by Brooke Edwards Staggs
Tustin will get new parks, roads and a new animal shelter this year, officials pledge.
One school will open and another will close. Shopping centers will be built and elections will be held.
As in the past few years, many of the changes in Tustin in 2016 will be concentrated around the Tustin Legacy community, which is being developed at the former Marine Corps Air Station.
However, Mayor John Nielsen said his goal is to also make positive changes in other areas of the city this year. That includes making plans to expand the busy senior center, create attractive gateways into Tustin from major thoroughfares, form a subcommittee to work with North Tustin and launch a citizen’s academy.
“We’ve been doing a lot at Tustin Legacy as far as development,” Nielsen said, “so we need to look at other areas of town and see what we can do to improve them, too.”
Here’s a look at what’s coming to Tustin in 2016.
Due to declining enrollment, Tustin Unified will shutter Lambert Elementary and shift students to nearby Estock Elementary for the 2016-17 school year.
The district will break even on the number of elementary schools, though, since it will also finally open Heritage Elementary as a STEM-focused school Aug. 29.
This year, TUSD will also design a new $85 million secondary magnet school on 40 acres along Tustin Ranch Road at Valencia Avenue. The school will be built to serve students in grades 6 through 12.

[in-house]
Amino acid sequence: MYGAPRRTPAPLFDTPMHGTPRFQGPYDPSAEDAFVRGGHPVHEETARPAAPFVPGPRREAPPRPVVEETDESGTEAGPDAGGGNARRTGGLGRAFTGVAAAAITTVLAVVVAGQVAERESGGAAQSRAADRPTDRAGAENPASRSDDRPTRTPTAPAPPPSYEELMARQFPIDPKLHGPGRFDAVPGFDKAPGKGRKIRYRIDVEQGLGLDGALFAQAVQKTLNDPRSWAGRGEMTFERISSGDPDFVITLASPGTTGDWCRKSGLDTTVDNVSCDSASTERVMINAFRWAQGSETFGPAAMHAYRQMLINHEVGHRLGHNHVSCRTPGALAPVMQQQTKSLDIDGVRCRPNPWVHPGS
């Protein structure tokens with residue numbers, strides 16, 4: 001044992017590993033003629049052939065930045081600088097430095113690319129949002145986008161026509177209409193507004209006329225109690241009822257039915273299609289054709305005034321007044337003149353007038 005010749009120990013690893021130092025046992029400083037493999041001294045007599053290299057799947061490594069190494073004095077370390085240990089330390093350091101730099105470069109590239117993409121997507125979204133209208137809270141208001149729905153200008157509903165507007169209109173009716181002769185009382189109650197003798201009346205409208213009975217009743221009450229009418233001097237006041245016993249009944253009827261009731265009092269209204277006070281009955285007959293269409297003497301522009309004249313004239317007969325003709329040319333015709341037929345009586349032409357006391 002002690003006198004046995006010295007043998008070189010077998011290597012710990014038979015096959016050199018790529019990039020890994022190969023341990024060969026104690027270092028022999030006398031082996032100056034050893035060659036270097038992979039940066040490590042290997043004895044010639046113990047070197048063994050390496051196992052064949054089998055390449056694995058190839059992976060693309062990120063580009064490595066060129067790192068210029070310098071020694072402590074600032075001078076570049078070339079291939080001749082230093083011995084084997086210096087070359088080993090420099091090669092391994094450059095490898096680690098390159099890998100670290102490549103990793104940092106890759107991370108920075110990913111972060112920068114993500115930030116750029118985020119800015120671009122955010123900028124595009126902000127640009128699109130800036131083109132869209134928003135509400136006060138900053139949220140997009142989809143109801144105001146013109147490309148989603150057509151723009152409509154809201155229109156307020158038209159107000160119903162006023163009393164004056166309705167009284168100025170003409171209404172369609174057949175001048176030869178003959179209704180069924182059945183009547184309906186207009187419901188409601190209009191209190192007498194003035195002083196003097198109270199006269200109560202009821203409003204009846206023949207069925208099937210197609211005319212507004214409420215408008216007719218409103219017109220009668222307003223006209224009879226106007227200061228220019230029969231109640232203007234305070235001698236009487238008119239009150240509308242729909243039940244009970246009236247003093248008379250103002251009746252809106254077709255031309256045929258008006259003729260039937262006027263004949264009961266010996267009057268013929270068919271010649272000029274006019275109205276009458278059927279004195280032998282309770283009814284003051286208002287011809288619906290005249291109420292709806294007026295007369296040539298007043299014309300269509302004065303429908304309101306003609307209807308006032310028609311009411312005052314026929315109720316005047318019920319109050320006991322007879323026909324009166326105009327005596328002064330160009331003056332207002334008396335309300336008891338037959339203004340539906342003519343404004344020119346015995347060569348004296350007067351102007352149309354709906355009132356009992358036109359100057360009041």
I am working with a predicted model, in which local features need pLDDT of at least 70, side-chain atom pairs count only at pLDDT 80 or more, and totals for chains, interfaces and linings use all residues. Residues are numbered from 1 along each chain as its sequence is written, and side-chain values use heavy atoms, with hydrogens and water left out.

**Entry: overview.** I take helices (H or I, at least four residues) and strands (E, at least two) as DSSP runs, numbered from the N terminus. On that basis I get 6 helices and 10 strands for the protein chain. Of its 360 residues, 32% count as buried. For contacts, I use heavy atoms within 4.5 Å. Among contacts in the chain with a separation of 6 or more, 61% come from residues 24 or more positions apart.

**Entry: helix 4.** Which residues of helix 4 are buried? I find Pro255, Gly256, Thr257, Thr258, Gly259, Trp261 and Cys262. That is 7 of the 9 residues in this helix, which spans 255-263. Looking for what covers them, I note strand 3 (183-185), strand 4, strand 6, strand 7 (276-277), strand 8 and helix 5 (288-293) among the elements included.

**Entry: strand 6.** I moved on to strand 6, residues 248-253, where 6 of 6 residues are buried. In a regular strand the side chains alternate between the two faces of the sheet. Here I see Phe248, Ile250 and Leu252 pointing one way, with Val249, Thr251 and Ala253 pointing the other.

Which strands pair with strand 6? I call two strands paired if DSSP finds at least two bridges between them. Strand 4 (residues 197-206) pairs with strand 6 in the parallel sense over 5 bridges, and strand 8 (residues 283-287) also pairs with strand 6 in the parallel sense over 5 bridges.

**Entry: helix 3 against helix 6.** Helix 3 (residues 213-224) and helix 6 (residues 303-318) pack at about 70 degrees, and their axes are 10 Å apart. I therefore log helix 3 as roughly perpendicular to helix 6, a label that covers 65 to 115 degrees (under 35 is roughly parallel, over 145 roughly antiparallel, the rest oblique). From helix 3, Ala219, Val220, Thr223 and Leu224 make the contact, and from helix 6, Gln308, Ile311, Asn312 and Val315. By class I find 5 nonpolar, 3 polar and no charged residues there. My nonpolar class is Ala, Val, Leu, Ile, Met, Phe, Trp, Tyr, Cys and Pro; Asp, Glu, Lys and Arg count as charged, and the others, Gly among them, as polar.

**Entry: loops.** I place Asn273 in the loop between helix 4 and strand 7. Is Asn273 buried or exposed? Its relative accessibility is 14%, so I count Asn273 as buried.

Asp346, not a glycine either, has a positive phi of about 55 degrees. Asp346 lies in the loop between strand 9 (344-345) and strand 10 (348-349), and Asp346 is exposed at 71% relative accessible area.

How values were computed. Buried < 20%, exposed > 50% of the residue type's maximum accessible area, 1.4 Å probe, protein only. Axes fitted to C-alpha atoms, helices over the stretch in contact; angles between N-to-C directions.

Construction should start in the fall on The Village at Tustin Legacy, a 22-acre center being built by Regency Centers at Edinger Avenue and Tustin Ranch Road. Stater Bros. and CVS Pharmacy will anchor the retail side of The Village, while the other portion will be medical offices and an acute-care hospital called Hoag Health Center Tustin.
Flight at Tustin Legacy, previously known as the Cornerstone I center, should also start construction in the fall. Lincoln Property Co. is still negotiating details of the project with the city. But initial plans call for a food hall, shopping and “creative office space” on 37 acres along Barranca Parkway at the northwest corner of Armstrong Avenue.
On the other side of town, Trader Joe’s will move down the road to the 23,250-square-foot former Longs Drugs location in the Tustin Heights Shopping Center. There’s likely to be news this year about the future of Tustin’s two Haggen store sites, which shut down in 2015 after the grocery chain filed for bankruptcy. Also, Orchard Supply Hardware should finish the process of converting the shuttered Tustin Lanes bowling alley into a home improvement store.
Other businesses expected to open in 2016 include:
SAFETY MEETS TECHNOLOGY
The Tustin Police Department is expected to make a recommendation soon to the City Council on implementing a body camera program.
The department got proposals in the fall from companies with technology to integrate body cameras with existing in-car computers and dashboard cameras.
A new website for the Police Department should also go live early this year. The city launched a new website in July that’s more attractive, easier to navigate and lets residents customize their experience. Now the linked Police Department site will be redesigned to make similar improvements.
The City Council this year plans to also discuss adding a Tustin Police substation in the Tustin Legacy area, Nielsen said.
Thanks to a land swap approved in December, the county says it’s moving forward this year with decades-old plans to build a $25 million animal shelter at the former Tustin Marine Corps Air Station. The board hopes to award a bid in April and break ground June 6 to replace OC Animal Care’s aging shelter in Orange.
Work should start this year on two new major city parks in Tustin Legacy.